My own first attempt was to use horticultural grit, which I took a long time to sieve out the larger lumps and only use the smaller. I quite liked the appearance of the grit but it failed in service after a couple of seasons.
My next (and now favoured) attempt was to use a fine, crushed, building material which is probably more to scale than the above. It is only about 1 mm. to dust and looks far better in my opinion.....
I also use crushed oyster shell, available from pet shops as bird feeder, which gives a different ground cover texture.
Both of these materials are stuck down with NEAT SBR and protected against rain for a few days.
The important thing is to know your materials and my experience has taught me this.....
SBR works well on fine grained, rough surface, crushed stone and oyster shell..... it does NOT work on large or smooth surface stone eg. aquarium grit etc. Initially it appears to hold but the large or smooth surfaces will not bind together as the SBR needs to
be able to form a skin around them.
After a while weather conditions of wind and rain will eventually remove the skin and the grit will become loose. I know this because it happened to me.
As for the surface sheen, it will disappear after a while and become matt, this is also part of the natural elements removing the 'skin' of the SBR but will leave enough to bind the smaller grit, particularly the coarser grained.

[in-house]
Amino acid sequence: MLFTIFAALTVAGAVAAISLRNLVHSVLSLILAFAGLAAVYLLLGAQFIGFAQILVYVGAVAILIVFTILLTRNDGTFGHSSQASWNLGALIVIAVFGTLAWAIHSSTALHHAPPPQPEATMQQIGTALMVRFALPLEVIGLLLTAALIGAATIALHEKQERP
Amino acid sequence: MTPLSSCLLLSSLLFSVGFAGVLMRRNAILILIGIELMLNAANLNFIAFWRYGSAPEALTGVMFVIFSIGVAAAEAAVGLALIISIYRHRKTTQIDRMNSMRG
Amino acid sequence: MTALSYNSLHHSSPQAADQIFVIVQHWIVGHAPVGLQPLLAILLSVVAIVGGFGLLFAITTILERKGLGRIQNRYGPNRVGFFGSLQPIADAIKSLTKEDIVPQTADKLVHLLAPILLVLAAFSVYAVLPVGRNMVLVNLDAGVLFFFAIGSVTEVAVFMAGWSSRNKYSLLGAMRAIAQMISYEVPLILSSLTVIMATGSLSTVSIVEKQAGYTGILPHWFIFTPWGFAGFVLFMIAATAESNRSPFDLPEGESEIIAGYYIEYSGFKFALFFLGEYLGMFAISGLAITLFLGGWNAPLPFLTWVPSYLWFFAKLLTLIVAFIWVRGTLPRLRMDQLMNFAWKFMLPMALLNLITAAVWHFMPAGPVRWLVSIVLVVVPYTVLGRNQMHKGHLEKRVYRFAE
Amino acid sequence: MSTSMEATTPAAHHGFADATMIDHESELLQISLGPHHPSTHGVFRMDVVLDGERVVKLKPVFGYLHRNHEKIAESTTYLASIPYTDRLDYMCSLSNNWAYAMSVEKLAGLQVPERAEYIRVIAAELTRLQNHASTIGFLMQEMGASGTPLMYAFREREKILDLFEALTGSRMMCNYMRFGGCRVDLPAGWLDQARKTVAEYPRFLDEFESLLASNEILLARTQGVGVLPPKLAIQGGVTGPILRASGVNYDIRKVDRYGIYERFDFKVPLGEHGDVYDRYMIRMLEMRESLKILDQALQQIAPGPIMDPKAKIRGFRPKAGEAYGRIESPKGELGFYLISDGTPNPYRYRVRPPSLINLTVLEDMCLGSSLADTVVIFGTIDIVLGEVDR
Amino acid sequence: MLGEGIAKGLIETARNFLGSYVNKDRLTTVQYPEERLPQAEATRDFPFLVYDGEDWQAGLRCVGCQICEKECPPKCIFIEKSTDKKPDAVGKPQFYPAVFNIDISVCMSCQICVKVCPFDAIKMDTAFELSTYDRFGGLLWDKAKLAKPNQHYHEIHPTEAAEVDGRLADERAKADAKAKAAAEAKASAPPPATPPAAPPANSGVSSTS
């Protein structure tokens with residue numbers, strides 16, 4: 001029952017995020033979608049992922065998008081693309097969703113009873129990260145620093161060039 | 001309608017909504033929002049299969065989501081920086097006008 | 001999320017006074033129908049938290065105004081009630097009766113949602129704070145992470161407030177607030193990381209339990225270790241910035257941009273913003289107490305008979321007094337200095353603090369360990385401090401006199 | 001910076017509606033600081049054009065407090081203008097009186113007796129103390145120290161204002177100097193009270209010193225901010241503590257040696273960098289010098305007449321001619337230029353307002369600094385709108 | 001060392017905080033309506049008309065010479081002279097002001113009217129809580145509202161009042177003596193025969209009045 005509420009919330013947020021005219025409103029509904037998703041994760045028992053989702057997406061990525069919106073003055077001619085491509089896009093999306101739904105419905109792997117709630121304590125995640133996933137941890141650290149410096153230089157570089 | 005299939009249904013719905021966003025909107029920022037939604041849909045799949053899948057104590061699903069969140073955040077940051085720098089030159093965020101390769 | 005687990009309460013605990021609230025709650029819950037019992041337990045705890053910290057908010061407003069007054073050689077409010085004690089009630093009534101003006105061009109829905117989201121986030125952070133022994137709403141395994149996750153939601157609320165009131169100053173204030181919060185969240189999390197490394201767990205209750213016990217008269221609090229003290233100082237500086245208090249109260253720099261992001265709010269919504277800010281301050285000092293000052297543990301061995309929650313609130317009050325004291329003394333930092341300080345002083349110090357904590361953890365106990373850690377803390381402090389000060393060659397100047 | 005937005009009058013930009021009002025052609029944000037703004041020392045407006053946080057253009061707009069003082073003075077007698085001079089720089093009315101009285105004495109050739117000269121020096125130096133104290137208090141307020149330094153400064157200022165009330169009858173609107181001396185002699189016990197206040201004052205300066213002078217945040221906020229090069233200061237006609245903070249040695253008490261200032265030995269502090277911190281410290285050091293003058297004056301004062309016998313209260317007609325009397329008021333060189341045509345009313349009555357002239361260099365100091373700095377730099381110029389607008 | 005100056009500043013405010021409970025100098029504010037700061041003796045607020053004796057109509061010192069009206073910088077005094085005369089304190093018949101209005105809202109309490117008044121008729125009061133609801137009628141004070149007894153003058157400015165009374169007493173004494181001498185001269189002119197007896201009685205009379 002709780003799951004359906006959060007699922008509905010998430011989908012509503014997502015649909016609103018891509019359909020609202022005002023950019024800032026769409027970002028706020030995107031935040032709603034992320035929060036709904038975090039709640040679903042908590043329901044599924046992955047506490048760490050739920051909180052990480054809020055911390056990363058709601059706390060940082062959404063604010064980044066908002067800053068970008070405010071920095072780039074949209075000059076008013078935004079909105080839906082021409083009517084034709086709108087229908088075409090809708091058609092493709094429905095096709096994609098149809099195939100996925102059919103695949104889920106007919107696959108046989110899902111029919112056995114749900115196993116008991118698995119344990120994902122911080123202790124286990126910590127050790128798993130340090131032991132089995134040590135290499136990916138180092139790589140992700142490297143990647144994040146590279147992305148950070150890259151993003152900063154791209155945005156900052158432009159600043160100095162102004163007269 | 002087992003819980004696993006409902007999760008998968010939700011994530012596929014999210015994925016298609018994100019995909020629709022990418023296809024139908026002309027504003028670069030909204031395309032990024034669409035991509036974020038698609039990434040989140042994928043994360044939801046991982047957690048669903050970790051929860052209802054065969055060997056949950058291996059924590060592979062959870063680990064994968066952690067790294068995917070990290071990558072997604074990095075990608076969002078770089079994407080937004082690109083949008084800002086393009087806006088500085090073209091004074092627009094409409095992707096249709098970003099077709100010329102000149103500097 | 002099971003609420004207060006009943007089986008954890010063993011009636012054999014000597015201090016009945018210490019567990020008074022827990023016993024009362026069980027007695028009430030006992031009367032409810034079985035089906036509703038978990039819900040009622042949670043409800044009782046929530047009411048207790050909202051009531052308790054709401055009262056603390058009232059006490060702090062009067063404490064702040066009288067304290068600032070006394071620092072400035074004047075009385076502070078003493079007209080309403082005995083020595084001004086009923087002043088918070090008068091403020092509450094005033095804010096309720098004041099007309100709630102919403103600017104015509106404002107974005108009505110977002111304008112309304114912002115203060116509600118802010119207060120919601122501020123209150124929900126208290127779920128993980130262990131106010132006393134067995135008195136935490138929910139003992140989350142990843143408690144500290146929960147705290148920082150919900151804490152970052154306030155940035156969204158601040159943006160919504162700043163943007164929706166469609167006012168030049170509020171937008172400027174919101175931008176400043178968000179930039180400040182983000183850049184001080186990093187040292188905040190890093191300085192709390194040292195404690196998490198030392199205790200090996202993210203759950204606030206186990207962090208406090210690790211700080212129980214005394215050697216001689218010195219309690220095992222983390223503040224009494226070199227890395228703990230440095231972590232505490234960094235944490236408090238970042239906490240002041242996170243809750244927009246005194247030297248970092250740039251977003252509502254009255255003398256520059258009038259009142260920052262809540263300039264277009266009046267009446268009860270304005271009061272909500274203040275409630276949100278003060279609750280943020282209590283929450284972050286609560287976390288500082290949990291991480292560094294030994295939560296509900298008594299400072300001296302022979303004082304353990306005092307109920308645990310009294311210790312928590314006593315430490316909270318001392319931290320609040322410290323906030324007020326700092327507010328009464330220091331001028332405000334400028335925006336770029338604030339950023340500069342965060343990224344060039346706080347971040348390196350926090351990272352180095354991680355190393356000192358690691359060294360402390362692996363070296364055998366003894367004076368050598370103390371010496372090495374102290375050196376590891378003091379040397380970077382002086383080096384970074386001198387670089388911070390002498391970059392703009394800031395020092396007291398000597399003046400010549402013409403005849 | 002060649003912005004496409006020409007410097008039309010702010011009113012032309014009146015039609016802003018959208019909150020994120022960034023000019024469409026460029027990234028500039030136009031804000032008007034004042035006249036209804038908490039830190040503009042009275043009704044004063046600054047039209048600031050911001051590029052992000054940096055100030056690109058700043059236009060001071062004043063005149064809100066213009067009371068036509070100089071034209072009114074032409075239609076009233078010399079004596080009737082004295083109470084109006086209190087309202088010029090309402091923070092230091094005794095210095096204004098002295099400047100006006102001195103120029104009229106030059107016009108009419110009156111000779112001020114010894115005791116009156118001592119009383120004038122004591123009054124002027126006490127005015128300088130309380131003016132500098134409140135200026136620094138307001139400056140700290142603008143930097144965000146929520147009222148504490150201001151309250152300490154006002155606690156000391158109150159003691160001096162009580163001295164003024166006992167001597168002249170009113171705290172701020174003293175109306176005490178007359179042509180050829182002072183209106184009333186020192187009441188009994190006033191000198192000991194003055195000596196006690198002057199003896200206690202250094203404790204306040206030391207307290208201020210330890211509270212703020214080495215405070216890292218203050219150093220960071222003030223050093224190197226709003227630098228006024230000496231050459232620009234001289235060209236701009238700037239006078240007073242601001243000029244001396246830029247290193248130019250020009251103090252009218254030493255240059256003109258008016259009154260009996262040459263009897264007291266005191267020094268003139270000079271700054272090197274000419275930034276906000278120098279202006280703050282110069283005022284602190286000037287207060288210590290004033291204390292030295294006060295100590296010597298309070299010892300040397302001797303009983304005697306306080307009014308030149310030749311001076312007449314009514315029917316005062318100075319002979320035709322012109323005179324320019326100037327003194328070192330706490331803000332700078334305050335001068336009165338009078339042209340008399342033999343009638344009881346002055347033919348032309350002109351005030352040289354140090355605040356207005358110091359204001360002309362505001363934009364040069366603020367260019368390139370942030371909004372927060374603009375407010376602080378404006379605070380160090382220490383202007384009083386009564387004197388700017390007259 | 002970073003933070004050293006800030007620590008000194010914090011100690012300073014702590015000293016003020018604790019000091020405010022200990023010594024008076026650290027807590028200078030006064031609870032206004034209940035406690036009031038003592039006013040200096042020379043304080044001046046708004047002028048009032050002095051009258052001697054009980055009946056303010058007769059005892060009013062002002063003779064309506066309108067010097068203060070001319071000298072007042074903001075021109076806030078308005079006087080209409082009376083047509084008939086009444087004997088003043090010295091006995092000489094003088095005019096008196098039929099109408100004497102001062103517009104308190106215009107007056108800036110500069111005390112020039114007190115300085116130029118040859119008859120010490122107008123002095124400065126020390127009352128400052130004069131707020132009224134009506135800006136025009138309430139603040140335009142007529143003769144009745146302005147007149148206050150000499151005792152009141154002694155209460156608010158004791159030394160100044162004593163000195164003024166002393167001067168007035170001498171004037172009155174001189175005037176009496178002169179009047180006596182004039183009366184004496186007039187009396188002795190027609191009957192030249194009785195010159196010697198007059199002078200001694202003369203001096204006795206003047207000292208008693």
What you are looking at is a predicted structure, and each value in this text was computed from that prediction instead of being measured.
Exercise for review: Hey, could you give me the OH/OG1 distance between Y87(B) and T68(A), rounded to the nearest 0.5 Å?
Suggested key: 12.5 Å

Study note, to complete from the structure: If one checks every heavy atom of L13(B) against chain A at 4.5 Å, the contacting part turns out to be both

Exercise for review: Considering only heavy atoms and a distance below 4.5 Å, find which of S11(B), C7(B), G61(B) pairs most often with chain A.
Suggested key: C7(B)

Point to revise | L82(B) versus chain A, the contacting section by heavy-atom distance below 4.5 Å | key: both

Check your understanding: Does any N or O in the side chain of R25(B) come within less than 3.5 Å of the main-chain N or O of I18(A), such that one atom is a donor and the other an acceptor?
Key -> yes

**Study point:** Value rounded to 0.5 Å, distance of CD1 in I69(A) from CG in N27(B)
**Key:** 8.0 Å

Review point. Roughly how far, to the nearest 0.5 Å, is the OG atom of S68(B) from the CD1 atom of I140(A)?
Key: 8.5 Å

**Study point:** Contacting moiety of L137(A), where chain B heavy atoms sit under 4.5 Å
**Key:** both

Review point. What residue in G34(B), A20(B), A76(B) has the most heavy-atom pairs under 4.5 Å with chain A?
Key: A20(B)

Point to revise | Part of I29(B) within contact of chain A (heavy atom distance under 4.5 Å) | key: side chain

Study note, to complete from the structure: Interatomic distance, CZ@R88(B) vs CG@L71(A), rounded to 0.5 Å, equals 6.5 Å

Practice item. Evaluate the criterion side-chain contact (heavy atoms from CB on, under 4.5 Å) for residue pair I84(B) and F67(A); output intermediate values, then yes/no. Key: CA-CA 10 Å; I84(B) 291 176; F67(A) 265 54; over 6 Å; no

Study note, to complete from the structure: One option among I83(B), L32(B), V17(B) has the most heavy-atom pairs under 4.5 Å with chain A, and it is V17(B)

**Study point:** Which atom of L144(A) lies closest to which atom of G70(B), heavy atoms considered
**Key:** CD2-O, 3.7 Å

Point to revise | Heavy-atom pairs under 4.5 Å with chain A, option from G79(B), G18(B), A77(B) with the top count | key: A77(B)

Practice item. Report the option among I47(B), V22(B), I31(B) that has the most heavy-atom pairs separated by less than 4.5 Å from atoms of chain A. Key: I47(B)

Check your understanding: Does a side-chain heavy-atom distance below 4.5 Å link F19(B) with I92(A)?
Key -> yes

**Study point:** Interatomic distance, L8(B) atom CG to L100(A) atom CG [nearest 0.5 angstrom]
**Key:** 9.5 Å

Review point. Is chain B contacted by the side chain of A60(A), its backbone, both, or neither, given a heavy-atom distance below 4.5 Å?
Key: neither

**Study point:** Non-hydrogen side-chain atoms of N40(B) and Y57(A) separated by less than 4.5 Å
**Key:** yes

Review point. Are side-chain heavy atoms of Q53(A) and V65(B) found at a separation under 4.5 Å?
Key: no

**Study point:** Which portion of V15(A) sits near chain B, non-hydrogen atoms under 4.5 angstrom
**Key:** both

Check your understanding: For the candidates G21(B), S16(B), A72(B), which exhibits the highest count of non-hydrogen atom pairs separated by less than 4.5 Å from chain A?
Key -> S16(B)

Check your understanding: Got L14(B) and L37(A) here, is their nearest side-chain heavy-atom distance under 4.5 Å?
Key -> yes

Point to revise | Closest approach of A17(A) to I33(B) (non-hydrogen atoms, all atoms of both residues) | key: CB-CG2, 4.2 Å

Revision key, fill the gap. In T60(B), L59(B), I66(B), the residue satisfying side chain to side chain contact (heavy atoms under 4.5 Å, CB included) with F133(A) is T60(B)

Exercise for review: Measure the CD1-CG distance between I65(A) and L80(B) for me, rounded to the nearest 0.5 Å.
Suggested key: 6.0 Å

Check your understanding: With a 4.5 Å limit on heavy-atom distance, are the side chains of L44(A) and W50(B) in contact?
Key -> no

Yesterday I spent some time filling a few gaps in my own ballast, some of which has now been in place for about 5 years. Most is still very firmly attached and shows no signs of giving up yet.
I noticed that where my ballast is bonded to a layer of roofing felt it is very firmly stuck, however, where it is directly onto timber it is more likely to fail due to expansion/contraction of the timber which destroys the bond.
One other alarming feature of SBR is the way it turns blue when wet.... don't worry about this as it will also disappear given time.
I sincerely hopes this helps and avoids further failures now my experiments are recorded.
Very helpful Peter, Thanks for sharing your experiences.
Ian

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Re: Ballasting track

Post by pandsrowe » Mon Apr 22, 2019 4:45 pm

20190422_152858-01.jpeg
Well I've bitten the bullet and decided to continue securing the ballast with SBR, not only does it make for a very firm trackbed it will also stop the birds from scattering it in all directions, a problem which is very prevalent in my garden. You can see in the photo the slightly darker sections of the ballast which have been SBRed. I've been applying the SBR with a kitchen baster which I find gives a reasonable amount of control over where and how much is applied, but I'm wondering which methods others on here have tried and how effective they are.
Phil

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Re: Ballasting track